Plants and animals recognize microbial invaders by detecting microbe-associated molecular patterns (MAMPs) by cell surface receptors. Many plant species of the Solanaceae family detect the highly conserved nucleic acid binding motif RNP-1 of bacterial cold-shock proteins (CSPs), represented by the peptide csp22, as a MAMP. Here, we exploited the natural variation in csp22 perception observed between cultivated tomato (Solanum lycopersicum) and Solanum pennellii to map and identify the leucine-rich repeat (LRR) receptor kinase CORE (cold shock protein receptor) of tomato as the specific, high-affinity receptor site for csp22. Corroborating its function as a genuine receptor, heterologous expression of CORE in Arabidopsis thaliana conferred full sensitivity to csp22 and, importantly, it also rendered these plants more resistant to infection by the bacterial pathogen Pseudomonas syringae pv. tomato DC3000. Our study also confirms the biotechnological potential of enhancing plant immunity by interspecies transfer of highly effective pattern-recognition receptors such as CORE to different plant families.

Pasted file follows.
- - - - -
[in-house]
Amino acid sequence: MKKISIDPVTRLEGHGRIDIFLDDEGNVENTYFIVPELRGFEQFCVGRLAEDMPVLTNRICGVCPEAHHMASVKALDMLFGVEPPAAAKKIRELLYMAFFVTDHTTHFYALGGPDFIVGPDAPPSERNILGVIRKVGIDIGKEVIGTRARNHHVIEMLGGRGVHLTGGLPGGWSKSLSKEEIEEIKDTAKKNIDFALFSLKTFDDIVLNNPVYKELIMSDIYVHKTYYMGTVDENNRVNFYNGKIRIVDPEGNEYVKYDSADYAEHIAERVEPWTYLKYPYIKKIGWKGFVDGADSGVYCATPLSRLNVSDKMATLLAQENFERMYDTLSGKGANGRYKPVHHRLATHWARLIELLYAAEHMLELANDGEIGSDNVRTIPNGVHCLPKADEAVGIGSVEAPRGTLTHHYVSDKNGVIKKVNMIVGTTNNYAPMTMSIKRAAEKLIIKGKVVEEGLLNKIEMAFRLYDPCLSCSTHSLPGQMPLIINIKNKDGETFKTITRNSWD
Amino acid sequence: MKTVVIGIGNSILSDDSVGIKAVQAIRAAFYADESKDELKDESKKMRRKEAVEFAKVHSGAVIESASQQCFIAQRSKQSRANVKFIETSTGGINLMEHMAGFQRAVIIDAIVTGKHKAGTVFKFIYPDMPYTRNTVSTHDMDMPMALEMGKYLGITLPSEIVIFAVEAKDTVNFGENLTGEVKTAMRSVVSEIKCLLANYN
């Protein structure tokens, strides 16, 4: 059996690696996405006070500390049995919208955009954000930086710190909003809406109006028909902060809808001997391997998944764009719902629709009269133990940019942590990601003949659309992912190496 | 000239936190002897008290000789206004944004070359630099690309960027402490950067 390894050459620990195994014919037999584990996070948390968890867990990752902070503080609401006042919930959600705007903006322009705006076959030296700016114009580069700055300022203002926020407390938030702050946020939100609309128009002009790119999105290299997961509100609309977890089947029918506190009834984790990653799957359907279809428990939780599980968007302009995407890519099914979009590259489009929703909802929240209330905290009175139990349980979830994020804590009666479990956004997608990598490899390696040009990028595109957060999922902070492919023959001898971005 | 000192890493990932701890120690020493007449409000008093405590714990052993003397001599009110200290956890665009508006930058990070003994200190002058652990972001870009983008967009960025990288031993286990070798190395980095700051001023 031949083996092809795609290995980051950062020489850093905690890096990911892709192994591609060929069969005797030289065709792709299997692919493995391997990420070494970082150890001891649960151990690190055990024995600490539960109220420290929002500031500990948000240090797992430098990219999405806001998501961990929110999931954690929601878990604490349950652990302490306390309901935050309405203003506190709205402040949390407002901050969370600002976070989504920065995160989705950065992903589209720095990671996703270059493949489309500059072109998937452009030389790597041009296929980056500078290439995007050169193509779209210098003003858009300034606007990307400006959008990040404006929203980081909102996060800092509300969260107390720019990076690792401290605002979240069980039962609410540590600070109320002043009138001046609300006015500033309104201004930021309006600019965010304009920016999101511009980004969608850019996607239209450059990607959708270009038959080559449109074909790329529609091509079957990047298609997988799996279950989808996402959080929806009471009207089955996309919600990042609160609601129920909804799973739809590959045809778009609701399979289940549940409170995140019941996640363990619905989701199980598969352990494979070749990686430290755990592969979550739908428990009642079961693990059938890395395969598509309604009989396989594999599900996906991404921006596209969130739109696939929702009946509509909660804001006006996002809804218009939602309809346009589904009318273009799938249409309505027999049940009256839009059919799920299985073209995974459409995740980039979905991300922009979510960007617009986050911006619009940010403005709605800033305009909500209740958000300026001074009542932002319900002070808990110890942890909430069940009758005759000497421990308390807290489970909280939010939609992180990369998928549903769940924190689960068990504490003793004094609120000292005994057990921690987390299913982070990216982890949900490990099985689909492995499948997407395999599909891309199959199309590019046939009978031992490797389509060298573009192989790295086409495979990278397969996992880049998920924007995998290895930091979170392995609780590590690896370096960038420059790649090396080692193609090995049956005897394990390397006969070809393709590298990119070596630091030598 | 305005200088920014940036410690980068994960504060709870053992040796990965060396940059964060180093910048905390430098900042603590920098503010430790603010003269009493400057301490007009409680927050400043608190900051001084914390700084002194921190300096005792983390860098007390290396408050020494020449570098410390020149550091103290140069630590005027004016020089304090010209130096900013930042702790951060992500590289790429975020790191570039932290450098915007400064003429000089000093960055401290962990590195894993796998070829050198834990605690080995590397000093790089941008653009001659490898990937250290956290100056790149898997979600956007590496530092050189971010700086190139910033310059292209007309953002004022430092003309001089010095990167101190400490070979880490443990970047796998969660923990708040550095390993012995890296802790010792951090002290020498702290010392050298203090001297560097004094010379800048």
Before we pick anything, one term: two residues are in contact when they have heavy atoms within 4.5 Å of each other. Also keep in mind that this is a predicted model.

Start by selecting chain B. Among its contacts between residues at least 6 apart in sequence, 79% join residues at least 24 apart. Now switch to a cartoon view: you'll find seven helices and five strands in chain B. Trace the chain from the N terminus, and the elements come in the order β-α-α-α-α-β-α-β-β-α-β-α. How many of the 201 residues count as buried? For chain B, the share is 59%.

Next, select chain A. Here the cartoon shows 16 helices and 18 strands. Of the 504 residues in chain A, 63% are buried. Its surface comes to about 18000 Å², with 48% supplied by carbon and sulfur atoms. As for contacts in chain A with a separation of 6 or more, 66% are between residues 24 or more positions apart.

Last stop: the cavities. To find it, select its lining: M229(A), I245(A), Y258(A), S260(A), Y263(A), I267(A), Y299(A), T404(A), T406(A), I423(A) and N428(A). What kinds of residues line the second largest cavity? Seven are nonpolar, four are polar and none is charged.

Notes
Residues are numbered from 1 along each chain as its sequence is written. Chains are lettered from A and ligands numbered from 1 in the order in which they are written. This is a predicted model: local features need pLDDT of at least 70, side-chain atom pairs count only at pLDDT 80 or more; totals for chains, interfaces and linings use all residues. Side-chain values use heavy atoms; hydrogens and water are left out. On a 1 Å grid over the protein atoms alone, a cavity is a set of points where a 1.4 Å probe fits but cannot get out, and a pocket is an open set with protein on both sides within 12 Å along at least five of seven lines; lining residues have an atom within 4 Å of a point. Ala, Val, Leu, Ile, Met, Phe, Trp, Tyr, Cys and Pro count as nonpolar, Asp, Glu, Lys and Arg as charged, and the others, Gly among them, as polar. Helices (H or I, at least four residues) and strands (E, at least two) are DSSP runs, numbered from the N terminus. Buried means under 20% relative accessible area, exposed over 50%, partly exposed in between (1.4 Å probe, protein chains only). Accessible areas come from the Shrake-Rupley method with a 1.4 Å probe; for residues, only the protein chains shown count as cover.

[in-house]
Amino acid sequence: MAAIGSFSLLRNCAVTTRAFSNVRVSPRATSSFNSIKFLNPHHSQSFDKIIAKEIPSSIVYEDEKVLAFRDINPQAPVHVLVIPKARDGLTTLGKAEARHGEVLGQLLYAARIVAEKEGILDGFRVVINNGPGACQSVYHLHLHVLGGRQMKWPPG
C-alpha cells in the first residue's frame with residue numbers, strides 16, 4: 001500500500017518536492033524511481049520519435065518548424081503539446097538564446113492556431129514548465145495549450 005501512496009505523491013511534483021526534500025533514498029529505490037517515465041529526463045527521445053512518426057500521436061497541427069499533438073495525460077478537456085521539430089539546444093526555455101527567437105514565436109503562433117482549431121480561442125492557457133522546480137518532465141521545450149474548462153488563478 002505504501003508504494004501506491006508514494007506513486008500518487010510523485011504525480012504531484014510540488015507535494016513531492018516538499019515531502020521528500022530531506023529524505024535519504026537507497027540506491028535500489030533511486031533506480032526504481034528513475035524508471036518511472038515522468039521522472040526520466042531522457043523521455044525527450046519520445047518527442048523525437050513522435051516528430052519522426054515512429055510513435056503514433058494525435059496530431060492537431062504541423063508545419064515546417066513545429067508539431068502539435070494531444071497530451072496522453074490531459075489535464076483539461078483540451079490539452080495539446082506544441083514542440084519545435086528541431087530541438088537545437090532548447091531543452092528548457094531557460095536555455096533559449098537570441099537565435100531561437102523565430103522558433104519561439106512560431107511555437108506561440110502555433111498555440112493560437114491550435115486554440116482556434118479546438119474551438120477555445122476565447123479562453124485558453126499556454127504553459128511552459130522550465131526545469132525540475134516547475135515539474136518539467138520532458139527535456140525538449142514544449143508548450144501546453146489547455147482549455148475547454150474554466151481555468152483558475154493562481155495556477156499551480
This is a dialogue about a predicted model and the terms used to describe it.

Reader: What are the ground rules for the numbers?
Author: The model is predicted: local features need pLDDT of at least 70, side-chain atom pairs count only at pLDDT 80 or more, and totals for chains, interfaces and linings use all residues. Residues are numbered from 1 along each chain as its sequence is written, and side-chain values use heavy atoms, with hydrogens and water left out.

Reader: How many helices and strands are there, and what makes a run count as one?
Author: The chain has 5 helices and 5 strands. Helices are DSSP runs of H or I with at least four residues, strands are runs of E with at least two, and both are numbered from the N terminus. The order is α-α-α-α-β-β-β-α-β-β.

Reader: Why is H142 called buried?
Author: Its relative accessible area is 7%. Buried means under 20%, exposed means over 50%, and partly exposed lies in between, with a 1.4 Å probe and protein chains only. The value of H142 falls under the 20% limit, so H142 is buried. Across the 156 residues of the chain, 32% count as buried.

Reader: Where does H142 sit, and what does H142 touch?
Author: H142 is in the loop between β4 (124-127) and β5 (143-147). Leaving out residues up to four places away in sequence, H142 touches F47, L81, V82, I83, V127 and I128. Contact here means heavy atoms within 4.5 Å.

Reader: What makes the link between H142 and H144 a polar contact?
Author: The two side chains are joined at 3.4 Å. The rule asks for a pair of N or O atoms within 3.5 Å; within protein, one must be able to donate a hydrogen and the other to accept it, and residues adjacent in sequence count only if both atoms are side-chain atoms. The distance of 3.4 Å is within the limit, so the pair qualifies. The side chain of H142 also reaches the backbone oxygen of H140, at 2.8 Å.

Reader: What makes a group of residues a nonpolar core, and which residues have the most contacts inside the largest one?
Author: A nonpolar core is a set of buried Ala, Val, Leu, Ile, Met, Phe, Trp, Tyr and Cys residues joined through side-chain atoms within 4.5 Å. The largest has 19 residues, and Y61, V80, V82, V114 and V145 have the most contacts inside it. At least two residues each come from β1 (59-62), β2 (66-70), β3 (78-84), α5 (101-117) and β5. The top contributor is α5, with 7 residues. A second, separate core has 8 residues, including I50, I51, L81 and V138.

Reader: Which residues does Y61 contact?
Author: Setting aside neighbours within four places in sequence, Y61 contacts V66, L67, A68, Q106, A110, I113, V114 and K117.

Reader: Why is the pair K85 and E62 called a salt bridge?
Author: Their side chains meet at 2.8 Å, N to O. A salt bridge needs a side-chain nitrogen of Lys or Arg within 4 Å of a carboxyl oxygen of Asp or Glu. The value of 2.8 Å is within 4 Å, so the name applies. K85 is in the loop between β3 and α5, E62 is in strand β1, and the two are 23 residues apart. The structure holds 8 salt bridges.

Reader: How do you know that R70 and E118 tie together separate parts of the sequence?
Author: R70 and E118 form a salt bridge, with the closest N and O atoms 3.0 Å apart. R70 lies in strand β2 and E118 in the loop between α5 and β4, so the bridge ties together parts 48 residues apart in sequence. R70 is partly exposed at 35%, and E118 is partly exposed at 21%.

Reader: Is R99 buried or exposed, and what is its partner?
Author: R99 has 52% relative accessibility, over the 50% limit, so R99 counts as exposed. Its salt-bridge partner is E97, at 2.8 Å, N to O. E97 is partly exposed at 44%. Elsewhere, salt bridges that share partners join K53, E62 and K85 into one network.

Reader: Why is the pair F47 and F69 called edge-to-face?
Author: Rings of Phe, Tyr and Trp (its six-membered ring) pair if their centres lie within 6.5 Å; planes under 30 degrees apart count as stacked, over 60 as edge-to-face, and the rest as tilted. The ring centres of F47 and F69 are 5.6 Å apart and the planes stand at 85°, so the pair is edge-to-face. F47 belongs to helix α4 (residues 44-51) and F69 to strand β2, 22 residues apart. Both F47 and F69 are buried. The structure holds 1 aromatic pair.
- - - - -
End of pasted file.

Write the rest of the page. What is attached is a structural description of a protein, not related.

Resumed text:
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The authors are grateful to I. Bock (Univ. Tübingen) for technical assistance, to H. Kalbacher (Univ. Tübingen) for helping with the synthesis of acri-csp22, to S. Robatzek (TSL, Norwich) for supplying SlSERK3a-myc and to J. Fliegmann (Univ. Tübingen) and D. Chinchilla (Univ. Basel) for critical reading of the manuscript. This work was supported by BMBF-KBBE project 031A328 and by Deutsche Forschungsgemeinschaft through CRC 1101.
The authors declare no competing financial interests.
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Wang, L., Albert, M., Einig, E. et al. The pattern-recognition receptor CORE of Solanaceae detects bacterial cold-shock protein. Nature Plants 2, 16185 (2016). https://doi.org/10.1038/nplants.2016.185
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